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Breaking the Ice Between the Generations at Holiday Gatherings

We’ve learned so much of late about the value of intergenerational connections for older adults. Spending time with younger people provides a real mood boost for most seniors. Talking to children about the old days, offering advice, and sharing a legacy of their own history enhances a senior’s sense of purpose, which is a core element of emotional health in our later years.
Unfortunately, our society is more segregated by age these days. So holiday visits that include younger family members are a precious opportunity for the oldest family members to share time with the younger generation. Yet, especially if they are visiting from out of town, children may be unsure of how to interact with senior relatives.
Here are five tips to help the generations spend meaningful time together during this special time of year.
If your loved one has health challenges, talk to children ahead of time. Children sometimes fear what they don’t understand. Provide information ahead of the gathering that is appropriate for the child’s age, with explanations such as: “Aunt Katherine sometimes forgets things, but she loves to hear about your swim team! She was quite a good swimmer when she was your age!” Enlist the child’s help: “Grandpa is so excited to see you again, but he can’t hear you unless you are close to him. Let’s figure out a good place for him to sit at the table.” (It may also be helpful to provide a “who’s who” reminder for older guests about the identities of young people at the gathering.)
Schedule a team project. Promote intergenerational bonding by having older and younger relatives collaborate on holiday tasks. Ask a grandchild to assist Grandma in making her traditional cranberry salad. Have children and their great-grandmother create a centerpiece around the heirloom vase she received as a wedding gift. Let Grandpa help teens with those “some assembly required” holiday gifts for smaller children.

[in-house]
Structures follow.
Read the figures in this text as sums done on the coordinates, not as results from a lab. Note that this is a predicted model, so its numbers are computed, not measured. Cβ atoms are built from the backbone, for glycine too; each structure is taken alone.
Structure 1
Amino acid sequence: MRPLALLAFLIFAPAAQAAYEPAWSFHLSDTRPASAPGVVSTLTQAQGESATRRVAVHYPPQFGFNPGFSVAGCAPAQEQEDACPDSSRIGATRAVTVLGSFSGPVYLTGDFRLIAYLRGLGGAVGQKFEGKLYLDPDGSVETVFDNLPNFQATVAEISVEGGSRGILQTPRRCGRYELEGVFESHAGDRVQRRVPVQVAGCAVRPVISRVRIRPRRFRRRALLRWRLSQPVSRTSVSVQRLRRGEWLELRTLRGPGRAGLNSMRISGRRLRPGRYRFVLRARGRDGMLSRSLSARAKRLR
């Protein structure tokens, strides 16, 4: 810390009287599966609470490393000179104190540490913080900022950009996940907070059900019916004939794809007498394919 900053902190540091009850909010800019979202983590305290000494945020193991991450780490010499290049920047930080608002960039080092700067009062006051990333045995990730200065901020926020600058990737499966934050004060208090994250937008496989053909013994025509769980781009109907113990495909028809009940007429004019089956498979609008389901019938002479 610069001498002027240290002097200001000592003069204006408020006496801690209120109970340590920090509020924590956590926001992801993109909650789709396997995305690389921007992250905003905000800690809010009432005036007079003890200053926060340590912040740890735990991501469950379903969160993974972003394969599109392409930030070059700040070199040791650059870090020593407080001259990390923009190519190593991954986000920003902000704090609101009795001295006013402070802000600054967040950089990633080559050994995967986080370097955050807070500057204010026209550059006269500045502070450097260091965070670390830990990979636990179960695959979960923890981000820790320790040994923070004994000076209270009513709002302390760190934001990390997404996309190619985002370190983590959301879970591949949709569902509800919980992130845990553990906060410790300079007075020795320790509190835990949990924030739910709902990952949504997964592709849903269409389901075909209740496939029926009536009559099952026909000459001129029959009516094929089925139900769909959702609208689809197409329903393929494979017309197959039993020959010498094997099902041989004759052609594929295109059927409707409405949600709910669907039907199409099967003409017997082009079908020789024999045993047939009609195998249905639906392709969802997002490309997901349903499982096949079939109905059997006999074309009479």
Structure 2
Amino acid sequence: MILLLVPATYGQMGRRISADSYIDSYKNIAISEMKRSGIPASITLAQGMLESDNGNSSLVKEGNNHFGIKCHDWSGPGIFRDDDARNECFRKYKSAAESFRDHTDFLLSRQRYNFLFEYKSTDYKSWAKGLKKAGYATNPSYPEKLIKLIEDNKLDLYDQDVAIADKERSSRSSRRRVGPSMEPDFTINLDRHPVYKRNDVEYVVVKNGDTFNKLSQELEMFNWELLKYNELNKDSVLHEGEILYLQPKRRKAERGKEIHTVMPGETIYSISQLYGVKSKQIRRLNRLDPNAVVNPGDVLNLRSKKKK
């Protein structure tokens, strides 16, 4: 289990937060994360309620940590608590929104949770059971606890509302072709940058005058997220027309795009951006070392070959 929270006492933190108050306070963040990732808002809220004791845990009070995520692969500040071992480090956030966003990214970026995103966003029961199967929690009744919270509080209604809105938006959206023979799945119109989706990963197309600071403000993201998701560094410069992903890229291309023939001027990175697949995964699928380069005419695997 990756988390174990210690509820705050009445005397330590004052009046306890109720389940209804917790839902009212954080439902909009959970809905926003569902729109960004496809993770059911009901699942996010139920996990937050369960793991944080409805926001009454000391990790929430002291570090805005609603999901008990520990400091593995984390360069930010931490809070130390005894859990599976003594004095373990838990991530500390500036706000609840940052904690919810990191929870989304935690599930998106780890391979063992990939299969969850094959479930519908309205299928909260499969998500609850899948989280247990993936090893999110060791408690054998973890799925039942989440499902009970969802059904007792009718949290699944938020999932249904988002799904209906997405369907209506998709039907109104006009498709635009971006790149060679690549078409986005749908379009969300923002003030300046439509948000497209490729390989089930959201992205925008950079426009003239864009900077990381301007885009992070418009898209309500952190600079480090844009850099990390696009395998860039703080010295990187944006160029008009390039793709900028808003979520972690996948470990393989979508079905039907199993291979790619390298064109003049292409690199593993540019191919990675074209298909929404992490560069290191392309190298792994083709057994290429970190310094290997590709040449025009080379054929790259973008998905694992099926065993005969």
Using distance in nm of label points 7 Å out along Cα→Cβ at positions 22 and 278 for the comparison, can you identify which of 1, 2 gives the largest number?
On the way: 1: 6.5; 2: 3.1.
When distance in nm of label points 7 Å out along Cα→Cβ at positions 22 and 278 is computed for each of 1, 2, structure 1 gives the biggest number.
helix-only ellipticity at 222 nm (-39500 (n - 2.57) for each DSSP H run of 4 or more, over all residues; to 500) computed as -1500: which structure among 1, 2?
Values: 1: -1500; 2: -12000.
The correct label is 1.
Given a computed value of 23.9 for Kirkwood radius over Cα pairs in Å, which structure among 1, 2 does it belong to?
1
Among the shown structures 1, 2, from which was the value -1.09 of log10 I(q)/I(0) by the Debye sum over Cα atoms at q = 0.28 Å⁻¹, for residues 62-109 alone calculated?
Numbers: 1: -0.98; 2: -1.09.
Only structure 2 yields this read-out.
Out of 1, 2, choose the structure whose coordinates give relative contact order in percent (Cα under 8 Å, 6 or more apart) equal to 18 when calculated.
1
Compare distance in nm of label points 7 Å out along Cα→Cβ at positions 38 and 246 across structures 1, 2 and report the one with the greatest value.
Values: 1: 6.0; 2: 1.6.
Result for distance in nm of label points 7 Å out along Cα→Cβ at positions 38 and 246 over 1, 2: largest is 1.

Bring out the photo albums. Holiday get-togethers are a great time for family and friends to share recollections with the younger generation. Grandparents’ life experiences bring to life events students have learned about in history class. And most kids love to hear tales of their parents’ youthful escapades—did Grandpa really turn over the outhouse as a Halloween prank? Is that Mom in that picture with the big hair and cheerleading outfit? Tech-savvy young family members could work with grandparents to create a digital family album, complete with names and information that future generations will appreciate.
Mind the technology gap. Many seniors are quite at home with computers, smartphones, social networking and the like. But others are not, and they may feel left out if the conversation revolves around Facebook, computer games and the latest smartphone acquisition. Encourage young guests to demonstrate their gadgets to elderly relatives. Take a photo of grandparent and grandchild, and send it to another phone. Bring up a YouTube video of a child’s school concert. Maybe Grandma can be convinced to set up a Facebook account? In any case, to avoid the annoyance of “phubbing”—a word recently coined that means “phone snubbing”—consider establishing a no-texting zone once the turkey carving begins. The young folks will survive having their devices powered off for a few hours.
Help your home accommodate senior guests. Making unobtrusive alterations to the home environment will allow for a more satisfactory interaction with guests who have visual, hearing or mobility impairment. Arrange furniture to clear a path for loved ones who use a walker or cane. Remember that background music makes it harder for people with hearing aids to understand conversations. Help loved ones with visual impairment select a seat that is closer to the action. And if very young children are attending the gathering, be sure to keep their toys out of the path.
A little planning and awareness goes a long way to ensure that each member of your holiday gathering will enjoy the festivities. Senior guests will appreciate your caring. And through the years, younger family members will recall the respect and empathy you demonstrated and will be more likely to make it a part of their own holiday traditions.

Categories: Geriatric Care

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